Less than one year ago, 14-year-old Taj Pabari was like any other kid, toiling away on a 3D printer at school (ok, maybe not quite like any other kid). An assignment required the class to sandwich two pieces of plastic together, but where some students simply saw air, Pabari envisioned the makings of a new kind of educational toy. Fast-forward some 10 months and he finds himself shortlisted for a Young Innovator of the Year award and pitching his product to potential investors. So what is it that has catapulted Pabari from the classroom to rubbing shoulders with industry leaders in the space of a year? Gizmag caught up with the Australian entrepreneur to learn all about his Lego-inspired tablet kits and how he plans on changing the face of IT education.

"I was in class and we had to stick two pieces of plastic casing together," explains Pabari. "So I thought, why not make this into a tablet? I pulled apart my Nexus, reworked the casing a little, cut out a display and built a computer in between."

Mix the possibilities of 3D-printing, a working knowledge of computer hardware and a dash of youthful optimism and you have the beginnings of MechTech Creations, Pabari's Brisbane-based tablet startup. Early iterations of its tablet kits were set to cost less than AUD$50 (US$46), among the cheapest available. However, a number of problems relating to personnel and suppliers prompted a change of direction, leading Pabari's team to pursue something a little more educational.

"Like most children, we loved Lego and that feeling of accomplishment when a creation comes together," says Pabari. "What we are trying to do is deliver that immediate satisfaction but with the long-lasting, educational benefits."

The ImaginTech Tablet Kit is designed to teach children aged four to 14 the inner workings of an Android tablet, and not just its physical components. After piecing together the tablet's hardware, visual programming software called ImaginCoder enables kids to experiment with building their own games and apps.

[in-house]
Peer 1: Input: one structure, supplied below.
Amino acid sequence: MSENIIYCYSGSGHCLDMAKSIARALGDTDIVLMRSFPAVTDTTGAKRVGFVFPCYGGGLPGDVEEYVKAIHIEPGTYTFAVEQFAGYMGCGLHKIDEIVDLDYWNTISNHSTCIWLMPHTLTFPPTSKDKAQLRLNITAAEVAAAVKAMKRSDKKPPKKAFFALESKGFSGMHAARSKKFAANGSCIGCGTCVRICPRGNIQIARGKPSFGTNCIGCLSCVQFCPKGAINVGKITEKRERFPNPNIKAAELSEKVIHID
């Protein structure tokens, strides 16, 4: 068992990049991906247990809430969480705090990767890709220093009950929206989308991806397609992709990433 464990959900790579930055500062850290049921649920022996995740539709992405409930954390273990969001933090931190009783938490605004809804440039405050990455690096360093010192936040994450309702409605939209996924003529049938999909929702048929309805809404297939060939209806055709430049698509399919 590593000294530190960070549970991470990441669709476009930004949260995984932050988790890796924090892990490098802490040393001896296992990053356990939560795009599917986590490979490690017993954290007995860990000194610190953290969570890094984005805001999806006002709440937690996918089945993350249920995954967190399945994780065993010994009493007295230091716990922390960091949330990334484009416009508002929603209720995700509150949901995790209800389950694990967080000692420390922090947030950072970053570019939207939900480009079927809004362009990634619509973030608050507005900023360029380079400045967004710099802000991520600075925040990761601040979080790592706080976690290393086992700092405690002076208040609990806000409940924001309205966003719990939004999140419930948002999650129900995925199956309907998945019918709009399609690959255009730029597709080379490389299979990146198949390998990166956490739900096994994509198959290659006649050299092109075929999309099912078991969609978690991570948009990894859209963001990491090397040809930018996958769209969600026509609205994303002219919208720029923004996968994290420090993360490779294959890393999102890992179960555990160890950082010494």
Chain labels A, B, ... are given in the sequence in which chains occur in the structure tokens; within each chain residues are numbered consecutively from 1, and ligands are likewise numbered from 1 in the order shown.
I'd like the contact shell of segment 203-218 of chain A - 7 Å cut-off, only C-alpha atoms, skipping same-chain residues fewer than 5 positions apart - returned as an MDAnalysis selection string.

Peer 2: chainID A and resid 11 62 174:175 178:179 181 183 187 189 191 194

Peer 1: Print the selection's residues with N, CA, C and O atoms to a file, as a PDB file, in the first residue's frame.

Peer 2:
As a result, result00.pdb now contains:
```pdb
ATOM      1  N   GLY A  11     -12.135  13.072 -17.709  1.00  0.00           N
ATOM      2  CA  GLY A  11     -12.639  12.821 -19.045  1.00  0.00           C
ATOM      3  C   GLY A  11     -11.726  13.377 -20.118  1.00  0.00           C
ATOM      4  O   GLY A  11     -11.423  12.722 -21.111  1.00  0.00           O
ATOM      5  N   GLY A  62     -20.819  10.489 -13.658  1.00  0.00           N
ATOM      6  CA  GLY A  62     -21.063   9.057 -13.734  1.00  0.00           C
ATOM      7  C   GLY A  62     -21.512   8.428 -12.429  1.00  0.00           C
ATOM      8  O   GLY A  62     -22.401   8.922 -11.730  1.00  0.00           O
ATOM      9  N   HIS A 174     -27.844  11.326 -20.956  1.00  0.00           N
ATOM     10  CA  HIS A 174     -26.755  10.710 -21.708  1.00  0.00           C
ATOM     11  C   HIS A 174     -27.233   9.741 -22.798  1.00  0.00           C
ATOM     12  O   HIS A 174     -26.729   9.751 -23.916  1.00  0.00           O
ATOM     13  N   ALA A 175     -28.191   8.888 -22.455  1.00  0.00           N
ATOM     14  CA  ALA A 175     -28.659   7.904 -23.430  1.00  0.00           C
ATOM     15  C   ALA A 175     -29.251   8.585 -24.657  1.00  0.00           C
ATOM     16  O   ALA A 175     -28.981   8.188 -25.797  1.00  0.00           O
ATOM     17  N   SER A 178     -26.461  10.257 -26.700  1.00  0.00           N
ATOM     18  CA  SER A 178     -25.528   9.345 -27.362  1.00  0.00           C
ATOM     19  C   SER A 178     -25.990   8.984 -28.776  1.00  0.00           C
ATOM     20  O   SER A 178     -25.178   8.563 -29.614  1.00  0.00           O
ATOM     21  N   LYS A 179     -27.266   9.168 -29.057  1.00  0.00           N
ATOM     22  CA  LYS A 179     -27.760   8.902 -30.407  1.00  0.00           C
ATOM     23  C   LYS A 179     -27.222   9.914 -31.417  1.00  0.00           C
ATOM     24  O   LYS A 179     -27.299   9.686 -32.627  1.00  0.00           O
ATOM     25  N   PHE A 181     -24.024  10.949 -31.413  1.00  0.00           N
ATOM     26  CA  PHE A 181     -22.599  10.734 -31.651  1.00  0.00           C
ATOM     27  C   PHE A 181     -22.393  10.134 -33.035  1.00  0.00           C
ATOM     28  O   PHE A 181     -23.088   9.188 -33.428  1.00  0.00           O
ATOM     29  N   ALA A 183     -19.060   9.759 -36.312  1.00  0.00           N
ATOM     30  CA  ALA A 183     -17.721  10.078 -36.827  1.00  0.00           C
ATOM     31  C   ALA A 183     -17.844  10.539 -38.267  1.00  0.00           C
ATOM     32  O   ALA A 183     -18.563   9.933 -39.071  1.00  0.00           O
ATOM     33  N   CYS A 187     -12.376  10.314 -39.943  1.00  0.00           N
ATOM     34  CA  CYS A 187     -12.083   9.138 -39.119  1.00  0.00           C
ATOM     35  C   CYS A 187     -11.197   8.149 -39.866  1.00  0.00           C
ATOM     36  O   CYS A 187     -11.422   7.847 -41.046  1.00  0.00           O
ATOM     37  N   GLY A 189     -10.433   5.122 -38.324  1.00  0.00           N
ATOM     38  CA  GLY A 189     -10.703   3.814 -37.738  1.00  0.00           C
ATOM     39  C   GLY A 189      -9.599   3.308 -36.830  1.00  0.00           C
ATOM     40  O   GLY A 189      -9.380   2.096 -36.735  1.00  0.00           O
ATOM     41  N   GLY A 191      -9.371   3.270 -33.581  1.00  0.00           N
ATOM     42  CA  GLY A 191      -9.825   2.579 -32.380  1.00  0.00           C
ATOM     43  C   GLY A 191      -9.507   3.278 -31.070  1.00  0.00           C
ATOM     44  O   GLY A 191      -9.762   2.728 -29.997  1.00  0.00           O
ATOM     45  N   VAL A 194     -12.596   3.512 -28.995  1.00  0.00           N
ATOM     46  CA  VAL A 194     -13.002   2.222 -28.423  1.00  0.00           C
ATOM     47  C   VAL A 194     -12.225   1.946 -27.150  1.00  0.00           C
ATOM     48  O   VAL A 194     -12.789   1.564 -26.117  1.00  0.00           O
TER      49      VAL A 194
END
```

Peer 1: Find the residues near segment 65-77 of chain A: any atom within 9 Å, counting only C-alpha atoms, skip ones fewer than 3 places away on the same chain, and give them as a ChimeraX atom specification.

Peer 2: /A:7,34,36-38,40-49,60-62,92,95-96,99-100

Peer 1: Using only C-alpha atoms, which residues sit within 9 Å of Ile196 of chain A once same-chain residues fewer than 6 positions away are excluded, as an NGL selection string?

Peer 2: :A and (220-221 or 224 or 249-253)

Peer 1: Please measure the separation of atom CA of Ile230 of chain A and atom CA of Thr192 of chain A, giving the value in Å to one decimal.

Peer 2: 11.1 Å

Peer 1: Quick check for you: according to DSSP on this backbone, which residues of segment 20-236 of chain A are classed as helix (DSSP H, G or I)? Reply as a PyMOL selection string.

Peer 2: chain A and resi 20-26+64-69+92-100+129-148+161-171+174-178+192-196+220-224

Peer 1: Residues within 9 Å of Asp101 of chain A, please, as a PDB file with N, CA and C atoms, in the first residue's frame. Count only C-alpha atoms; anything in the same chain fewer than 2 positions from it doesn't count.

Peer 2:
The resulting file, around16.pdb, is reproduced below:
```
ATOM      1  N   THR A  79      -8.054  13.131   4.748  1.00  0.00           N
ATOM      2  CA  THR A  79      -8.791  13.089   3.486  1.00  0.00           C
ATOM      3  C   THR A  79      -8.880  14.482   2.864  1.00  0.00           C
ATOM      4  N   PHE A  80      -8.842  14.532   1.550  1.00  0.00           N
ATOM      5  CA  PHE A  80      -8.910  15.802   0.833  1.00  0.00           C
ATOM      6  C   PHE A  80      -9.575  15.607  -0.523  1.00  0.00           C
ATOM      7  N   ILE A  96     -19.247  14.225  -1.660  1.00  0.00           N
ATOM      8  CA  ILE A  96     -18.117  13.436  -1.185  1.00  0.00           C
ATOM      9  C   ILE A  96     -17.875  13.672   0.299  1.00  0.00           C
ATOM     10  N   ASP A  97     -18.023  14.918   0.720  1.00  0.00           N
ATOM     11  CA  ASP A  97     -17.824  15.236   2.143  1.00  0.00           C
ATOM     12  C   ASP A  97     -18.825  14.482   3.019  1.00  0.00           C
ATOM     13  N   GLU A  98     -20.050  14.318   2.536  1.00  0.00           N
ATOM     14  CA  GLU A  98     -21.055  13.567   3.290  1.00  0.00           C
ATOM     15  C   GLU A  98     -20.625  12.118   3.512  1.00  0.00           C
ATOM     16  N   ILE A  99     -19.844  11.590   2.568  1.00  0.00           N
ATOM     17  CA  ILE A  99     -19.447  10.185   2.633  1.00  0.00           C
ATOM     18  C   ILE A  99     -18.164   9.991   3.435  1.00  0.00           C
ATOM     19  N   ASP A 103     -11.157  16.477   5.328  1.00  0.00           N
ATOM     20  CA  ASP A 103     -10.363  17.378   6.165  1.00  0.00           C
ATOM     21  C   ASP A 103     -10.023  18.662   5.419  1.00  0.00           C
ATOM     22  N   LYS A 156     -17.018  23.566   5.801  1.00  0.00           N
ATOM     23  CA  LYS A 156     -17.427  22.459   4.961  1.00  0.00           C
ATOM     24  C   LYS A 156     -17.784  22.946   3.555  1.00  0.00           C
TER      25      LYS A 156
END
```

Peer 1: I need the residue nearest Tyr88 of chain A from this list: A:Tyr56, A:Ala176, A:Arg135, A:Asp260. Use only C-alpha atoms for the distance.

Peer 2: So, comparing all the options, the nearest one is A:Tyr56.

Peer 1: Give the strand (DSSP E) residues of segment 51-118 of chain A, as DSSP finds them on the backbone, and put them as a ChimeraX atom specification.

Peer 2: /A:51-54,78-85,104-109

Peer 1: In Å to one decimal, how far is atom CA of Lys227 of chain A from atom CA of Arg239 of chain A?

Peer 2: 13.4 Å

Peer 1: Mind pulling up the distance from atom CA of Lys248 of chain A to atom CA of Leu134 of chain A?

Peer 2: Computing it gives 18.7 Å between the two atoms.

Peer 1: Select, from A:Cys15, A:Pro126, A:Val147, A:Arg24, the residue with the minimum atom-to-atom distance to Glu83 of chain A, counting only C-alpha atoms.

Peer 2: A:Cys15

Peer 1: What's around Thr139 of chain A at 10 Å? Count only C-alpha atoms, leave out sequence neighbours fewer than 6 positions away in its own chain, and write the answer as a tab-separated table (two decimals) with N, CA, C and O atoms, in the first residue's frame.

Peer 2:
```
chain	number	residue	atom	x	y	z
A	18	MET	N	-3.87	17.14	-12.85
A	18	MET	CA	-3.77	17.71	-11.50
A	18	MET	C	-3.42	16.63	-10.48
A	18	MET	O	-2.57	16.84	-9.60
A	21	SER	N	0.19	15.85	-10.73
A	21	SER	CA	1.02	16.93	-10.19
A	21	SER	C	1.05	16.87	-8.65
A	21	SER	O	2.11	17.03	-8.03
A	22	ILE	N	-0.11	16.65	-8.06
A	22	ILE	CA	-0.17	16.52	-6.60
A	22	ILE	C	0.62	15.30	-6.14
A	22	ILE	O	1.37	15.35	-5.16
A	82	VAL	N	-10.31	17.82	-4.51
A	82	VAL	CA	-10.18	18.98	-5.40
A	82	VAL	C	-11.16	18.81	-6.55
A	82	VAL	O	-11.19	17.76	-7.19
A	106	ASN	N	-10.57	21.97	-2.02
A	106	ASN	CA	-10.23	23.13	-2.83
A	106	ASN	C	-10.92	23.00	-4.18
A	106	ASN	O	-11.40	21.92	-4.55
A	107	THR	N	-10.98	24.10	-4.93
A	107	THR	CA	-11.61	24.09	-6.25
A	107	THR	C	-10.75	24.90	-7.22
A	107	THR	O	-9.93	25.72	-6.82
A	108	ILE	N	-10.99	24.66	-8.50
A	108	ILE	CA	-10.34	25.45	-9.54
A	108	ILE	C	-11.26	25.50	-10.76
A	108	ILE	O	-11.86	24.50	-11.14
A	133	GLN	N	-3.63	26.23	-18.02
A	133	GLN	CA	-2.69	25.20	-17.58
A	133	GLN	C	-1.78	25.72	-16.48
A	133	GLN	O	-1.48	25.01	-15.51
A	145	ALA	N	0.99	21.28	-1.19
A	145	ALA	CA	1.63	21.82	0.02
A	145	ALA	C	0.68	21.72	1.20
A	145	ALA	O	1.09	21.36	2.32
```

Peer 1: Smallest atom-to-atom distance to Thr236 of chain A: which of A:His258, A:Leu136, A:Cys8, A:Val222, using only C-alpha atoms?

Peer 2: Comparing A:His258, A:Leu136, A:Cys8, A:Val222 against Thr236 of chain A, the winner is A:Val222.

"What we are trying to do is inspire young innovation," says MecTech's COO, Ben Mandeville-Clarke, who is comparatively ancient at 19 years old. "We are creating what we hope will be the Lego of the 21st century."

Trading plastic bricks for processing chips and lithium batteries may sound like quite a leap, but anyone who has witnessed a child within arm's reach of a smartphone or tablet will know how captivating they can be. Harnessing this fascination while inspiring a little technological curiosity is the name of the game for Pabari, and he's confident his team have got the balance just right.

The ImaginTech Tablet Kit includes a 7-inch, 1024 x 600p multi-touch display and a 1.2 GHz Dual Core Processor. Equipped with 1 GB of RAM and 8 GB of storage (extendable to 32 GB via MicroSD slot), the tablet is powered by a 2,500 mAh rechargeable lithium-polymer battery. Once these components have been fitted together, the final product measures 180 x 115 x 7 mm (7 x 4.5 x .27 in) and weighs 120 g (4.2 oz). It also sports a 0.3-megapixel front-facing and 2-megapixel rear-facing camera for good measure.

Unfortunately, Pabari didn't take out the Young Innovator of the Year award, but that won't be holding him back. The educational tablet kits will come in white, blue and pink and priced at AU$219 (around $US203), and will be available for pre-order on MechTech's site in the coming days, with shipping slated for December.

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